Most countries around the world have a lot of legal regulations about education and long-time experience specifying what kind of work you are allowed to do on almost ANY kind of electrical equipment or wiring.

My humble guess is that only a very few of you are legally allowed to touch anything that will require a multimeter with a CAT-rating.

This is rather beside the point and this argument is without merit, but I am going to respond because it is also completely wrong.
 
That certainly isn't true in the US, and I don't believe it is true most places in the world.  I don't know about Norway -- maybe all the stories about the excessive regulations are true, but your description isn't true in most of the rest of Europe either.  In the US you can't operate as a professional electrician without a license, but you can do almost anything in your own house that doesn't require a building permit.  I know this isn't true everywhere, but I don't believe most places are nearly as strict as you suggest.  In most of the US that means that you can pull new circuits from the main breaker panel.  Even if you can't, you can repair existing wiring, and you can certainly measure it with a voltmeter even if you don't change anything (for instance to diagnose a problem for which you might hire an electrician to fix.

And pretty much all of the regulation that does exist stops at the wall outlet.  There is basically zero restriction on who can work on a mains powered electrical appliance.  Anyone can (legally) replace a worn power cord or troubleshoot a line operated power supply.  Of course in the CAT rating system that is only a CAT-II environment, but it is still a situation where you want a meter that is not adding any danger -- and meters with deceptive labeling are definitely something worth being upset about, even if they are totally functional for low voltage applications.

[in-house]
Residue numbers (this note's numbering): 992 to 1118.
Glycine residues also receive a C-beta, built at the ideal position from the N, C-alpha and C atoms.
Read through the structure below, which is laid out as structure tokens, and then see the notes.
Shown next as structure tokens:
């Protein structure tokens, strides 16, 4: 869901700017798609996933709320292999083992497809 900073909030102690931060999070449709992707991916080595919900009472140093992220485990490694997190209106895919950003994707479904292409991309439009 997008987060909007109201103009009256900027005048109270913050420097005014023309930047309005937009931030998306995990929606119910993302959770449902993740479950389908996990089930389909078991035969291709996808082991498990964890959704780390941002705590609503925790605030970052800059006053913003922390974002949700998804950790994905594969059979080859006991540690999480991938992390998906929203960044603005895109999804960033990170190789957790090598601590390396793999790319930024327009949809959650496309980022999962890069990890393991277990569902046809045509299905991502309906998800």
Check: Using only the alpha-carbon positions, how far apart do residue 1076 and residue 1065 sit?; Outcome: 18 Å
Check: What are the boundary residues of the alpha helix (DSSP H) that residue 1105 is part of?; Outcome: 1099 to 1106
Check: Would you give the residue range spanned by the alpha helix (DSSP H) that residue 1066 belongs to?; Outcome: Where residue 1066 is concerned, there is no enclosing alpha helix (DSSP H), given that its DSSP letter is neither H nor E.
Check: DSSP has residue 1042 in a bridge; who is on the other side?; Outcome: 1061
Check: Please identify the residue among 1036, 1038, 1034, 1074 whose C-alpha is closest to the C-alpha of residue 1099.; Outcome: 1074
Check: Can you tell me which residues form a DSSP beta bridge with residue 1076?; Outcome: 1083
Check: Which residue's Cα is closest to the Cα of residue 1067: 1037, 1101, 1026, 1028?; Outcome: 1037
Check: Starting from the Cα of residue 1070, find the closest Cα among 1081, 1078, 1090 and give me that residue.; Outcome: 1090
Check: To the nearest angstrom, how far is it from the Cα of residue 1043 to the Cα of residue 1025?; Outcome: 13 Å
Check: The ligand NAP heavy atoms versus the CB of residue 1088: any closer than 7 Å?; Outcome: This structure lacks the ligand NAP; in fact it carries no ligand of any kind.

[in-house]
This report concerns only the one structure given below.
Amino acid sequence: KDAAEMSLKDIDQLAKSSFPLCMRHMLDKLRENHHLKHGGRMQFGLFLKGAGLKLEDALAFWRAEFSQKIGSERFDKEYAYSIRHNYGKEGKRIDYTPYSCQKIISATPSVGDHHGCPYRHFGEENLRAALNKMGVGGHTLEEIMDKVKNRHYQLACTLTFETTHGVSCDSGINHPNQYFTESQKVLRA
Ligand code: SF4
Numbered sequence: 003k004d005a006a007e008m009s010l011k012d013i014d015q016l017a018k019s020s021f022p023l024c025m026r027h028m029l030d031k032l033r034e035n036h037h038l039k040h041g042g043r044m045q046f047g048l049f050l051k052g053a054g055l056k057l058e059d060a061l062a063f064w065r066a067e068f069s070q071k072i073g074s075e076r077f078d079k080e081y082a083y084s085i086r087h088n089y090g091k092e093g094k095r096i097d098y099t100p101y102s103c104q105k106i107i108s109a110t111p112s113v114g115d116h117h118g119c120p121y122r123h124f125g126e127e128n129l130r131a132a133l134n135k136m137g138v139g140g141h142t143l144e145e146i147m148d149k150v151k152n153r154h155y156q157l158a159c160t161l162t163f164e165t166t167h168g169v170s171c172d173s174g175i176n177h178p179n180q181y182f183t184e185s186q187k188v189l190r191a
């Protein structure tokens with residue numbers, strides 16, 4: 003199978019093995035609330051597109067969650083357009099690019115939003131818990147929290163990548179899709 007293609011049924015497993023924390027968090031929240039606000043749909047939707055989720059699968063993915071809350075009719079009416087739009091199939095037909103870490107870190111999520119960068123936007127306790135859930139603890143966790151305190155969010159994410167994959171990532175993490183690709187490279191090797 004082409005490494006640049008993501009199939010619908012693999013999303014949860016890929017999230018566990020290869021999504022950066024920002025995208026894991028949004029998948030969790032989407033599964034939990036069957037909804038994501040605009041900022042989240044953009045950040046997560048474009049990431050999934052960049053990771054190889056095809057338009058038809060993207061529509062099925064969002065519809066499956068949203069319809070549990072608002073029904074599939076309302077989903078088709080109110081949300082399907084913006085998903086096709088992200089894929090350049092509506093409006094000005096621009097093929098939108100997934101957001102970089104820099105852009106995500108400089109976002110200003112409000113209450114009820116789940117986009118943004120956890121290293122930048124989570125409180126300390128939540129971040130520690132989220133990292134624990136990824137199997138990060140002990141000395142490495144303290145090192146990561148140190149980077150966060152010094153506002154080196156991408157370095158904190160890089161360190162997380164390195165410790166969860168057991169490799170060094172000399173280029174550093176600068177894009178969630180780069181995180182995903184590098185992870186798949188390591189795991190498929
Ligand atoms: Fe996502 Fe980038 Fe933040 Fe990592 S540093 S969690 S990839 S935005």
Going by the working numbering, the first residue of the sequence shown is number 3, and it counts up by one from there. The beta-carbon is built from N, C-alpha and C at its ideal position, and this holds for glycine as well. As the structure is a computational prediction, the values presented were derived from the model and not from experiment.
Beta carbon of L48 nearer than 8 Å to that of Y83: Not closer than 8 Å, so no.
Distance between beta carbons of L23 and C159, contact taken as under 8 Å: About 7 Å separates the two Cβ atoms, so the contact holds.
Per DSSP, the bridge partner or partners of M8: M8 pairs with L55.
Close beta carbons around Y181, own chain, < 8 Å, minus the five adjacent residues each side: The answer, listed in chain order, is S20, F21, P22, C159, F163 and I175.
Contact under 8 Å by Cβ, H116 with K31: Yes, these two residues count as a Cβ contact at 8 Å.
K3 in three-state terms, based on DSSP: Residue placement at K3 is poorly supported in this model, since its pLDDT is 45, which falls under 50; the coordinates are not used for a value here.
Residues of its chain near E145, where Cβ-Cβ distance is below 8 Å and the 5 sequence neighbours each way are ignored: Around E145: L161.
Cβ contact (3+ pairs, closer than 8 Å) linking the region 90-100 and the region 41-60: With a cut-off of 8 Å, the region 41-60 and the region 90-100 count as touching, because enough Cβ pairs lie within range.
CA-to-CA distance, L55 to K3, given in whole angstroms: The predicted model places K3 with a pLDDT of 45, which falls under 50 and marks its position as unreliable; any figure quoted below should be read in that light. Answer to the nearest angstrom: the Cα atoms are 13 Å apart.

Likewise, there is no restriction (in the US) on who can work on high voltages that are not part of the power distribution system.  I have in the past worked on high voltage power supplies capable of generating from hundreds to thousands of volts.  They don't have the same power behind them as a main distribution panel, but you can still have quite a bit of energy stored in a capacitor.  There is zero certifications, regulations, or licenses for who can do that in the US.  Other countries do have mandatory engineering licenses to be a professional electronics engineer, but in most places that is only required if you are doing so professionally.  And again, it doesn't exist in the US.  There is absolutely reasons for hobbyists to have safely designed meters, even if they are not doing the specific things that the cat rating is designed for (i.e., working on power distribution networks).

I do sort of agree that many people make too big of a deal about it, as if there is no value to a meter without CAT-4 600V ratings.  There are plenty of uses for multimeters that are never anywhere near a high power / high voltage circuit. The majority of electronics hobbyists would be well served by a safety-low voltage meter, or at most one that honestly meets CATII-300V, and the features this little $25 meter has that make it attractive: high resolution and low ranges are specifically things that don't require high voltage surge capability.
 
The following users thanked this post: Someone

Offline joeqsmith

  • Super Contributor
  • ***
  • Posts: 5731